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  • Ask the Advisor – What are short sales, and why are they so popular?

    July / August 2009
    Newsletter: Real Estate Advisor

    Price: $225.00, Subscriber Price: $157.50

    Word count: 517

    Abstract: Short sales are a form of preforeclosure where a home sells for less than the mortgage amount. A homeowner facing foreclosure may benefit from a short sale because it reflects more favorably on the owner’s credit report than does a foreclosure. When the numbers are right, banks also benefit from short sales, because they avoid the hassle and expense of foreclosure. A real estate investor purchasing through a short sale wins too, because it’s getting a home at a discounted price. But getting one isn’t a given; there are requirements that must be met, and steps that investors should take to improve their success in negotiations.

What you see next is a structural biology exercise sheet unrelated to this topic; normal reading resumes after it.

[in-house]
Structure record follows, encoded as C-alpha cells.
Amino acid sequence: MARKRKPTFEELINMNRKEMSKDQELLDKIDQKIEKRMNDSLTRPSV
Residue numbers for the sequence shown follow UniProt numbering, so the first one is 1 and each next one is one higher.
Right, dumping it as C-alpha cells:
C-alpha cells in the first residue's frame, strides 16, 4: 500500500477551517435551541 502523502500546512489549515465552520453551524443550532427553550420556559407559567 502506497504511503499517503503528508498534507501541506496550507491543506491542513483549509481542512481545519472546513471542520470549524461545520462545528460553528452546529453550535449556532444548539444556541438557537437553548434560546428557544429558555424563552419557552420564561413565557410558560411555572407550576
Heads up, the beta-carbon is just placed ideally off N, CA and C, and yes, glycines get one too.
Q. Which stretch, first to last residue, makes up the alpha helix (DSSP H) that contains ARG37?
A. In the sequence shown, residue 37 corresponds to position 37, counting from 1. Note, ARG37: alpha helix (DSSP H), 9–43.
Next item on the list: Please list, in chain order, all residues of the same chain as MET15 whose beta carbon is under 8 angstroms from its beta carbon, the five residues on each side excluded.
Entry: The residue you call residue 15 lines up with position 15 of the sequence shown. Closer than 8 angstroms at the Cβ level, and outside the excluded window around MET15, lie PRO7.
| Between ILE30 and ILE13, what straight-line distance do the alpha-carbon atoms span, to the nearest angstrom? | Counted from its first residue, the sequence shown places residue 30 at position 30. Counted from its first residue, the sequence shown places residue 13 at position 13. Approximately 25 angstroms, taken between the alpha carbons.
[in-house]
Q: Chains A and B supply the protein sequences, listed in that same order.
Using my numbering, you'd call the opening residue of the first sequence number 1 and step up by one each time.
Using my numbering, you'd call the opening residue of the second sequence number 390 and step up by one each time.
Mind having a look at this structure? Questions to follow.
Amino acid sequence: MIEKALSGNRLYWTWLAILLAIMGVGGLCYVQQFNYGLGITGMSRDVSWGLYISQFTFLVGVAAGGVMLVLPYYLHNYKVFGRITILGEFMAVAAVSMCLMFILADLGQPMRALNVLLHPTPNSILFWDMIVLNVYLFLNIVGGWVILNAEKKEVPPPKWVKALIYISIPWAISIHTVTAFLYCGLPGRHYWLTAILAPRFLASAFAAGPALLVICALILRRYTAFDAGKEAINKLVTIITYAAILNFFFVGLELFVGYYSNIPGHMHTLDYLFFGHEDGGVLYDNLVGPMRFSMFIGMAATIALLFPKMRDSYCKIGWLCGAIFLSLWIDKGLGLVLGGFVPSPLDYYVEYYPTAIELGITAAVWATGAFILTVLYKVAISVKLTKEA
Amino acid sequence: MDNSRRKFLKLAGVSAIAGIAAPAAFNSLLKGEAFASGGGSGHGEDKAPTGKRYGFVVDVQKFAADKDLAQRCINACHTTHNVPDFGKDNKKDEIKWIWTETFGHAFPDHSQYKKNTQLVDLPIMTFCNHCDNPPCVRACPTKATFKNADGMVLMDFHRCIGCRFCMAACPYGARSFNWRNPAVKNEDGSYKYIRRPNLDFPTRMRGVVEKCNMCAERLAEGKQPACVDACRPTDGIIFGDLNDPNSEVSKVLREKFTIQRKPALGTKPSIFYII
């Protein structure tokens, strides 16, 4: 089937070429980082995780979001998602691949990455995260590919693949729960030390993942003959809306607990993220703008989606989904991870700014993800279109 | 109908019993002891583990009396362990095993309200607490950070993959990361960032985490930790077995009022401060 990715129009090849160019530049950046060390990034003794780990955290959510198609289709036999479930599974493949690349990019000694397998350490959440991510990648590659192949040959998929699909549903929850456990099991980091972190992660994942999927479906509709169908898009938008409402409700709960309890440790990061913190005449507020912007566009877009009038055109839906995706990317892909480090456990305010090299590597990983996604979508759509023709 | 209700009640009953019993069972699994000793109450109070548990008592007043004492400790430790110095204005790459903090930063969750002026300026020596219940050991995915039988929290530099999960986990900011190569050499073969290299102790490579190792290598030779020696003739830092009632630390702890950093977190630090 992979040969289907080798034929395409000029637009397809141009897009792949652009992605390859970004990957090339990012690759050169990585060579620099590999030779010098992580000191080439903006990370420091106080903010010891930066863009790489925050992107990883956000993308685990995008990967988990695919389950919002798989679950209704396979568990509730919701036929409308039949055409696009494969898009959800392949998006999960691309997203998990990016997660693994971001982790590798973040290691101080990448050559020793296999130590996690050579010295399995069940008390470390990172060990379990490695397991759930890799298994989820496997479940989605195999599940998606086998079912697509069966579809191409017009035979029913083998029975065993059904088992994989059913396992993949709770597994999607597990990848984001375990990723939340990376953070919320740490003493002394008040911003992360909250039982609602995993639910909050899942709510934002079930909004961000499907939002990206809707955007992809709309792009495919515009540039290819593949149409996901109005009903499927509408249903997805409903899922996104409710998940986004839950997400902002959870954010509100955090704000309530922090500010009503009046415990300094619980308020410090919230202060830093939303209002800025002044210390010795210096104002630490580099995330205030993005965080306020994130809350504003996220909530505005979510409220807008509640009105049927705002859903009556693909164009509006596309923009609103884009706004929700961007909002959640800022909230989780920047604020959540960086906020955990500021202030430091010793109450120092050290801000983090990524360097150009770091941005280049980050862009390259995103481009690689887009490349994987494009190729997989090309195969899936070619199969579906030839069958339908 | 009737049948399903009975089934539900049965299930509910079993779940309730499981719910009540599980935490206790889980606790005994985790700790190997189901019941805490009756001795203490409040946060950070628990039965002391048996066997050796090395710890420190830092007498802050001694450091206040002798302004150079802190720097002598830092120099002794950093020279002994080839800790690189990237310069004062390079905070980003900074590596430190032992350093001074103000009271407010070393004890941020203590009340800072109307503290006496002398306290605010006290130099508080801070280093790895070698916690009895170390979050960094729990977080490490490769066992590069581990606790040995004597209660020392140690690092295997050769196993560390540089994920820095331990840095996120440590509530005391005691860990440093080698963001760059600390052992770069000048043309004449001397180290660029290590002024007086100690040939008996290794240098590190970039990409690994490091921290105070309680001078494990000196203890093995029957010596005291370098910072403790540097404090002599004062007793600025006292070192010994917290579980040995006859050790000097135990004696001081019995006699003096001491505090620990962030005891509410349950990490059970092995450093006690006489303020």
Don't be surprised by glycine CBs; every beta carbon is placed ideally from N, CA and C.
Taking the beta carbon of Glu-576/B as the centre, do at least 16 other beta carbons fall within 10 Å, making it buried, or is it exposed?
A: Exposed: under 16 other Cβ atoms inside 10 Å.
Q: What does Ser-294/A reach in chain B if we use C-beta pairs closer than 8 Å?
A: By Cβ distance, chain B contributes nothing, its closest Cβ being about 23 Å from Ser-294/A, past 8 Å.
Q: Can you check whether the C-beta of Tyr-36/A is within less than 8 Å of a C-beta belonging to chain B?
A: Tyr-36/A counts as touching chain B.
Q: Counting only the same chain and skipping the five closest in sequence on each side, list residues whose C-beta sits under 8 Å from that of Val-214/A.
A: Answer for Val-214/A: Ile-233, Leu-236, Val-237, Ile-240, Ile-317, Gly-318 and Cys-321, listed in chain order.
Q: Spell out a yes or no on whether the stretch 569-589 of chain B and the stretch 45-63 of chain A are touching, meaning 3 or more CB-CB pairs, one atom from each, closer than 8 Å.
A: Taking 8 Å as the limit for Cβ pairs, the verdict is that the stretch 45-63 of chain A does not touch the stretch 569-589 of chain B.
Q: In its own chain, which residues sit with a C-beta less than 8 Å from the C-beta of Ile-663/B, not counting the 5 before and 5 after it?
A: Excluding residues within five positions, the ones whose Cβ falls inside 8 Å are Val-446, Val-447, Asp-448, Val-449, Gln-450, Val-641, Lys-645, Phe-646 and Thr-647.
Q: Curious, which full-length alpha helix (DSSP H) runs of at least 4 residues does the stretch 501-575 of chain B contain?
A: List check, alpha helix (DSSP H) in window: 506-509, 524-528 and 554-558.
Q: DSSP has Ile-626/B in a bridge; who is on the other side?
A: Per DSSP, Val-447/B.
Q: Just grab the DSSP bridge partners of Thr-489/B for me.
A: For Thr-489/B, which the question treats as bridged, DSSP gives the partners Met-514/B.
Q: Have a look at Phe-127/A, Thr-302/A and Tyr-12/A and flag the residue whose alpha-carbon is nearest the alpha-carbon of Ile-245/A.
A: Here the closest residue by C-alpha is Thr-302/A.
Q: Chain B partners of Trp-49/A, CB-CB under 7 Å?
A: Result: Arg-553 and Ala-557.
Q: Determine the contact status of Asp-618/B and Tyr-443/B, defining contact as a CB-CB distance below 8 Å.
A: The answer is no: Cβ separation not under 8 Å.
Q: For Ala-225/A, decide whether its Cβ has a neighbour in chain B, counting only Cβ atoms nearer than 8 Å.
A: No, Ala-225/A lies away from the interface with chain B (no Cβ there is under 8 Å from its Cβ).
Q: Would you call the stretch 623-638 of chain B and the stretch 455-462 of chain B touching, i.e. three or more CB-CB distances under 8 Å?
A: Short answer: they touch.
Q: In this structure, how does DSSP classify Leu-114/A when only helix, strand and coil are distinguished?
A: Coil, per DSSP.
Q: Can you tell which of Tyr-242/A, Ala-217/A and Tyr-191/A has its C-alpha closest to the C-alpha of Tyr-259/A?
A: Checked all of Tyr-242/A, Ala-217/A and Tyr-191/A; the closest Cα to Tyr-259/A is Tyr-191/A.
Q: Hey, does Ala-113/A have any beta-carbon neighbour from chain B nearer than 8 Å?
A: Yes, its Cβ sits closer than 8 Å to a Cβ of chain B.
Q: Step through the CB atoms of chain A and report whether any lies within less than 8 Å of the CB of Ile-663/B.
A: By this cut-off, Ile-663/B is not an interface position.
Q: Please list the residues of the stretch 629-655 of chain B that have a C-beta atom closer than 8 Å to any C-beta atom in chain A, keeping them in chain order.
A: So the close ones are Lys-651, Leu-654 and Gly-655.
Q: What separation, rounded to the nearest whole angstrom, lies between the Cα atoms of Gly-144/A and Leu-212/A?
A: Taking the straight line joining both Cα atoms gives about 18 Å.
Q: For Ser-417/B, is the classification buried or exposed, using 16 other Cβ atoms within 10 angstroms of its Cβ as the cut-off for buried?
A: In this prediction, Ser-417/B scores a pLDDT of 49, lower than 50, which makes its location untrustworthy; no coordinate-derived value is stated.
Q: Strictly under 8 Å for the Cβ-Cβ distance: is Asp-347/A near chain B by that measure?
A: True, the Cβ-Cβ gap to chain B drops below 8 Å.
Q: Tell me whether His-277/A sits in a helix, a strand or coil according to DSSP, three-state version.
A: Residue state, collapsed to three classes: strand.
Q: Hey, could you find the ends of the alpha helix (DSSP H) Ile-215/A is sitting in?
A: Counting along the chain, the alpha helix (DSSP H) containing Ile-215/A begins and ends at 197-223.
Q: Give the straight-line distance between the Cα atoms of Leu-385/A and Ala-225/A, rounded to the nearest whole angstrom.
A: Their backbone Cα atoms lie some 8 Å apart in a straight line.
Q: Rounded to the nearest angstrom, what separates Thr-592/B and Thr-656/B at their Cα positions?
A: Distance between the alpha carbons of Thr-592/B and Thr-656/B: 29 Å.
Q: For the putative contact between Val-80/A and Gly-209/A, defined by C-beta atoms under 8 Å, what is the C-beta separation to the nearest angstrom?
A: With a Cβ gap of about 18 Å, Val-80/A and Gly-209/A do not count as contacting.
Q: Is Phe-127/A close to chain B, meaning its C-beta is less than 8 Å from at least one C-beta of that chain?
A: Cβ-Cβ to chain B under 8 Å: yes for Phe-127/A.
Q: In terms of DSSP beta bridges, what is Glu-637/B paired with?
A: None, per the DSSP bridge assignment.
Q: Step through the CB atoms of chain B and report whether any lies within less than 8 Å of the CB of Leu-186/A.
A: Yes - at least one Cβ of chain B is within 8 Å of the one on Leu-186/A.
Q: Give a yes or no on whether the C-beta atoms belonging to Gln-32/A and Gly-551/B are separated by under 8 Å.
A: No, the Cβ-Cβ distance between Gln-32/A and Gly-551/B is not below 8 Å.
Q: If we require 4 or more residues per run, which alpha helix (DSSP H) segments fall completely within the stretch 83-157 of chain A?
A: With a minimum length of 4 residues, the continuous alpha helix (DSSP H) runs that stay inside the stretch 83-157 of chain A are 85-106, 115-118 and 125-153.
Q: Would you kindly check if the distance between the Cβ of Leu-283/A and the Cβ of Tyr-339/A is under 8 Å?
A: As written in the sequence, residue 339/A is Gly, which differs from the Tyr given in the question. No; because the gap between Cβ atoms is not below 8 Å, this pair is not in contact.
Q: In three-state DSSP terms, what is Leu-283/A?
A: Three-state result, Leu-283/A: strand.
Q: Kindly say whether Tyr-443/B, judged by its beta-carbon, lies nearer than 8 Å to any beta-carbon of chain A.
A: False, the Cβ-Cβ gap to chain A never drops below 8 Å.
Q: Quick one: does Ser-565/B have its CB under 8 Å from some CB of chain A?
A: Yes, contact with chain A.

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  • Outcomes-based evaluation puts the proof in the pudding

    Spring 2009
    Newsletter: Profitable Solutions for Nonprofits

    Price: $225.00, Subscriber Price: $157.50

    Word count: 517

    Abstract: In the world of real estate, the mantra is location, location, location. In the world of nonprofits and the entities that fund them, the mantra is results, results, results. Funders want to know that their funds are being spent responsibly and you’re accomplishing — at least working to accomplish — what you said you would.

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  • An inconvenient truth about inventory

    July / August 2008
    Newsletter: Commercial Lending Report

    Price: $225.00, Subscriber Price: $157.50

    Word count: 517

    Abstract: Inventory has long been a favorite target among fraudsters. The Great Salad Oil Swindle of 1963, for example, forced 16 investors and lenders — including a finance subsidiary of American Express and two Wall Street brokerage firms — into bankruptcy. Here is how you can learn from history.